My life changed with those few words in so many ways. If you have followed this blog since 2007 you know that it hasn't always been easy. But I have made it through with the help of my outstanding physicians and nurses at Rutgers Cancer Institute of New Jersey,  the help of my best friend and husband Nick, the support of my children and their spouses, the love of my grandsons, supportive family and some of the best friends anyone could ask for.

Have there been side effects? Sure. Do I still have neuropathy in my toes? Yes. Do I still experience chemobrain? Yes. If I am multi-tasking my word recall diminishes dramatically which at times could lead to a few good laughs. Have I had some really stressful times? Absolutely. To this day, about a week before my scans and blood work, until I hear my test results, my anxiety level goes through the roof. Does my mind still go to cancer whenever I have an ache or pain? Honestly, even now, yes it does. Does it stay there for long? Usually not.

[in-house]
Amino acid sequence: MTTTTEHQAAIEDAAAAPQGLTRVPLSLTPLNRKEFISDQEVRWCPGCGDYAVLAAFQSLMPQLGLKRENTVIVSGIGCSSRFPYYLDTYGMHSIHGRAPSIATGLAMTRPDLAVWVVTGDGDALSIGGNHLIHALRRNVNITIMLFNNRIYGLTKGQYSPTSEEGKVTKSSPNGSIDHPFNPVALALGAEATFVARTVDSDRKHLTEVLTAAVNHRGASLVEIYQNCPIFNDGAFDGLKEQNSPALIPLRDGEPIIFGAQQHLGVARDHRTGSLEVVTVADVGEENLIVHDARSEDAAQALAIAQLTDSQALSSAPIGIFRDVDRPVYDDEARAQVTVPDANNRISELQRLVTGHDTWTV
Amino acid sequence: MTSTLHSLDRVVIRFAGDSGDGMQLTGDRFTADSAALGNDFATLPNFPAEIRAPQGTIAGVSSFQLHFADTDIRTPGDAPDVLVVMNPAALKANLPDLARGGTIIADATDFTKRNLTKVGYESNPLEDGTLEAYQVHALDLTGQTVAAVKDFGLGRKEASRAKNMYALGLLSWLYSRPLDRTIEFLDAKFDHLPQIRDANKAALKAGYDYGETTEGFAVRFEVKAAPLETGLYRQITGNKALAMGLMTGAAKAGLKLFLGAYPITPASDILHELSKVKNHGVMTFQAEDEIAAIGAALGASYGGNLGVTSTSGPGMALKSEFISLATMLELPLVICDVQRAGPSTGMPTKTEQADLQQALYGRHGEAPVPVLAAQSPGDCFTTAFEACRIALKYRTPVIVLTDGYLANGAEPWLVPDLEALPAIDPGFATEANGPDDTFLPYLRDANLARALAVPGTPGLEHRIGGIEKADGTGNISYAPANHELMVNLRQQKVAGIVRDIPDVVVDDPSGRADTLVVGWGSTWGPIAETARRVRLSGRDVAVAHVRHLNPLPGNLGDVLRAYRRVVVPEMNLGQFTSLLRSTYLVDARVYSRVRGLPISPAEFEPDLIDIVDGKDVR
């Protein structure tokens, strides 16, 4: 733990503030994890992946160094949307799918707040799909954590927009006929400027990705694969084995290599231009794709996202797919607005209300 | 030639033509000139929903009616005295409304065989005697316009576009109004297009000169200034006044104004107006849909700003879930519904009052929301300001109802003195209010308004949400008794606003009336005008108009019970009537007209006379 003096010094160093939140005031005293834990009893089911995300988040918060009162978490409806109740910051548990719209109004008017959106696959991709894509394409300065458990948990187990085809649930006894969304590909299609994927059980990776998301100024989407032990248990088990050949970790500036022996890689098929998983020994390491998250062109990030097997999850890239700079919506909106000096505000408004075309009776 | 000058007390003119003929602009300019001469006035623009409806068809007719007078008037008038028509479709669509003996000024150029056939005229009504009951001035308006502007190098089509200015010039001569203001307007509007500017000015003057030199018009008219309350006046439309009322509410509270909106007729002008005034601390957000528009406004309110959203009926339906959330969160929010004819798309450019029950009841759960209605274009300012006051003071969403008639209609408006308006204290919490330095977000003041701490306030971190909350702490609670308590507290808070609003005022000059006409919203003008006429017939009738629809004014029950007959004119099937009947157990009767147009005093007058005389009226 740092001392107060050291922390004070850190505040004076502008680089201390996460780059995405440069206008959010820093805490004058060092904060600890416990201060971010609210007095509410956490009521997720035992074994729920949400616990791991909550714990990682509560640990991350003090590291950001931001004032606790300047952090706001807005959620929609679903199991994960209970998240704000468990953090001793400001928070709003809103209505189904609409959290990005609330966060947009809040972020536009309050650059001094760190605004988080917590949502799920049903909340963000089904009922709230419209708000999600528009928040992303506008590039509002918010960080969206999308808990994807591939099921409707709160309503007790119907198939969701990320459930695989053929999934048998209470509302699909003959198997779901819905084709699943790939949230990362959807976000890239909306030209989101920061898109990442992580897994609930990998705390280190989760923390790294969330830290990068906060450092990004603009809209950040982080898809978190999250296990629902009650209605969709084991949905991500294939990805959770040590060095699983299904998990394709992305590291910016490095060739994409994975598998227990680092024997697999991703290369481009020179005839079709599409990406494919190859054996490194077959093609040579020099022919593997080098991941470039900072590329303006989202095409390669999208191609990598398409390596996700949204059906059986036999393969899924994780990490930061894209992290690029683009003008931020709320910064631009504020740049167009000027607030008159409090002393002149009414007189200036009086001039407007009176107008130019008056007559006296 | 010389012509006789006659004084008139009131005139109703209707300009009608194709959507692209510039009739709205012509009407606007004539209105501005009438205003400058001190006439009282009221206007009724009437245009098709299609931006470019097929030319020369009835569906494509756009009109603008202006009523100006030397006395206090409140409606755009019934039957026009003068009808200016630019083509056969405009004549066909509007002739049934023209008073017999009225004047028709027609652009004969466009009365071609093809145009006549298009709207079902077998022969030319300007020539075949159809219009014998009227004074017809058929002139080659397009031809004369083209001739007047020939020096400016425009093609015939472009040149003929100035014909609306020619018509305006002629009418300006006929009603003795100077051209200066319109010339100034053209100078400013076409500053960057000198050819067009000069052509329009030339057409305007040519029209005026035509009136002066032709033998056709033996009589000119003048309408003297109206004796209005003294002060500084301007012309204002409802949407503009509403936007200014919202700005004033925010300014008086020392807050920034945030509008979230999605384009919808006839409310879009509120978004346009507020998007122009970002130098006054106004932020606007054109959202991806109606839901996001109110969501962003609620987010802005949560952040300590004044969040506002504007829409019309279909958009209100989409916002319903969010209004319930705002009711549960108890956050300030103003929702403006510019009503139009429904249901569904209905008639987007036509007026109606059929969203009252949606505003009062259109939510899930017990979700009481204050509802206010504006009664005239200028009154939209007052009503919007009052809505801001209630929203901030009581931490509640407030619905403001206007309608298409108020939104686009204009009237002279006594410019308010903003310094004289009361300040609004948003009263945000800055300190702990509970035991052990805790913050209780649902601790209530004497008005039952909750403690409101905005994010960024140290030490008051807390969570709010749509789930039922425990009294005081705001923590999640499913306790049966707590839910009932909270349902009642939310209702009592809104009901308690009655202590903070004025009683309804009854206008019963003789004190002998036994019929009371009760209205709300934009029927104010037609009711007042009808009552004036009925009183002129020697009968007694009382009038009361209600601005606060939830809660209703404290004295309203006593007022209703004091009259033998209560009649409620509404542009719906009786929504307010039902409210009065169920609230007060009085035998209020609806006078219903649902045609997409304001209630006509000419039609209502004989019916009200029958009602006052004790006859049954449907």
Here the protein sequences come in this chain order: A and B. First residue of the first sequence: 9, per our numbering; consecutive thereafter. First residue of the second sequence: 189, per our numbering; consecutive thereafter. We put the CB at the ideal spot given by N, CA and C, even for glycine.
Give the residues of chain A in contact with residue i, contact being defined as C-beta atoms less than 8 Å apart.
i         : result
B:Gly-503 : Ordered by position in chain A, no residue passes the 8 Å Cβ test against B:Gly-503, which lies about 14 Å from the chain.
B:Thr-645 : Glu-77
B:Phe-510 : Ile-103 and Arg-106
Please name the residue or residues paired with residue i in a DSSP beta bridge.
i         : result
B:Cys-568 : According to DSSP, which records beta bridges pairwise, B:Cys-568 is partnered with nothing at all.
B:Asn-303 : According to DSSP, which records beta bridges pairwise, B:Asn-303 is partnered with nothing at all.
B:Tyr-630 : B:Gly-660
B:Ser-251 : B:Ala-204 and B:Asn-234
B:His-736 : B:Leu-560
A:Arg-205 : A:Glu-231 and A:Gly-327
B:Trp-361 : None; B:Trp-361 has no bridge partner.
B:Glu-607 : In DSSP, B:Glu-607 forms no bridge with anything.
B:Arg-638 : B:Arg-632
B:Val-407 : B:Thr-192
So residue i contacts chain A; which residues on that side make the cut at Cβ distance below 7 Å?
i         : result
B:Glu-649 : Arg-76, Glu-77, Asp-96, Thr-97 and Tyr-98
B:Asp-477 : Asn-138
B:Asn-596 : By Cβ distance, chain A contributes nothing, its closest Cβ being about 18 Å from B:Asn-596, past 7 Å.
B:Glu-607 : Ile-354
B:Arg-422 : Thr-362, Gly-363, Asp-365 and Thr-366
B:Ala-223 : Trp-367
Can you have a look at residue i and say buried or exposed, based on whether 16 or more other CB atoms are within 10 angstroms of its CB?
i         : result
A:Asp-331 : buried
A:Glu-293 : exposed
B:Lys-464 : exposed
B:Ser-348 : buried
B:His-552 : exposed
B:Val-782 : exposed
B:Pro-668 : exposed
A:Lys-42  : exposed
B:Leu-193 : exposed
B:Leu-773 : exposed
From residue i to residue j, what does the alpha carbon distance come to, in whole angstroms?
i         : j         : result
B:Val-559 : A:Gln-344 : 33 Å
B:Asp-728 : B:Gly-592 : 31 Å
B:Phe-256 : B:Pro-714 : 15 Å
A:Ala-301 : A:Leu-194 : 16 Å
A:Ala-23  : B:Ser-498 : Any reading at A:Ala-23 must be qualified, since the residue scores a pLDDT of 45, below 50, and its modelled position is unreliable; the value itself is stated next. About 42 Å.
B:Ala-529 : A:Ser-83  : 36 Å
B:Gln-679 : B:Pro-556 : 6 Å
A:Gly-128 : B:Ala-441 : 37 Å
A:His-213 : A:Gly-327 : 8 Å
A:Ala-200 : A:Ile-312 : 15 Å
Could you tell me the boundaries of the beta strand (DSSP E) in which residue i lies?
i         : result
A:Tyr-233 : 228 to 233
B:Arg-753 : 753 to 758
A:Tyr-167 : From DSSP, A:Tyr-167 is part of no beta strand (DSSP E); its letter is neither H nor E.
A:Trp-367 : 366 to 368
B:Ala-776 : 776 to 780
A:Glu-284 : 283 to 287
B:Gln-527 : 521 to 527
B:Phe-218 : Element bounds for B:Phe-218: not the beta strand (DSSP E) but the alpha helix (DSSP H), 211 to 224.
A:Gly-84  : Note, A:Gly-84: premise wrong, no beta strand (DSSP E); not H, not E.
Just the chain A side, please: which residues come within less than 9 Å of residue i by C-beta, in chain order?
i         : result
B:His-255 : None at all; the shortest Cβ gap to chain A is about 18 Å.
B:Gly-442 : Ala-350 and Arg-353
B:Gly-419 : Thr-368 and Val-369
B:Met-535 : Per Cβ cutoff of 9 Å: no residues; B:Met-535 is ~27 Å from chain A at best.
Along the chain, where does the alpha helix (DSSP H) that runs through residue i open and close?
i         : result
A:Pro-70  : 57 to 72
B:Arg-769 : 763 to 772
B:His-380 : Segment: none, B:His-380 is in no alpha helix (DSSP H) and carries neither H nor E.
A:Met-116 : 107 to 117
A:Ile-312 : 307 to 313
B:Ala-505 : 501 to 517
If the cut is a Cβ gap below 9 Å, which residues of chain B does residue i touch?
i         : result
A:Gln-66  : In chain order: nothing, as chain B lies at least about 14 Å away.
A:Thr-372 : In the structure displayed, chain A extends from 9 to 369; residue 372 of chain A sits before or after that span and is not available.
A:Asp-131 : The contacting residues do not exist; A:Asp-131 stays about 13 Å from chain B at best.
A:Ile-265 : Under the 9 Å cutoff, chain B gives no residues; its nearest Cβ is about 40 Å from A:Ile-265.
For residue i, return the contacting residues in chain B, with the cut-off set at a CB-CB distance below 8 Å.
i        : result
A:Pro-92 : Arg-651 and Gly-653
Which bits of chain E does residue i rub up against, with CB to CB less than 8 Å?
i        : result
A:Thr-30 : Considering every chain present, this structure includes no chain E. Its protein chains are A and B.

But most of the time I am having fun living my life and trying new experiences. How can cancer bring you good things you ask? For me, having an ovarian cancer diagnosis lead me to become an ovarian cancer research advocate. I have been able to take part in projects to increase cancer research funding. I've attended medical conferences as a voice for ovarian cancer patients. I  have traveled to Chicago, Maryland, Washington, DC and Lisbon. I've been a panel member for three ASCO Guidelines, and co-authored a book and journal articles. ( And another one is in the works.) And I have met so many amazing patients, physicians, researchers and writers along the way.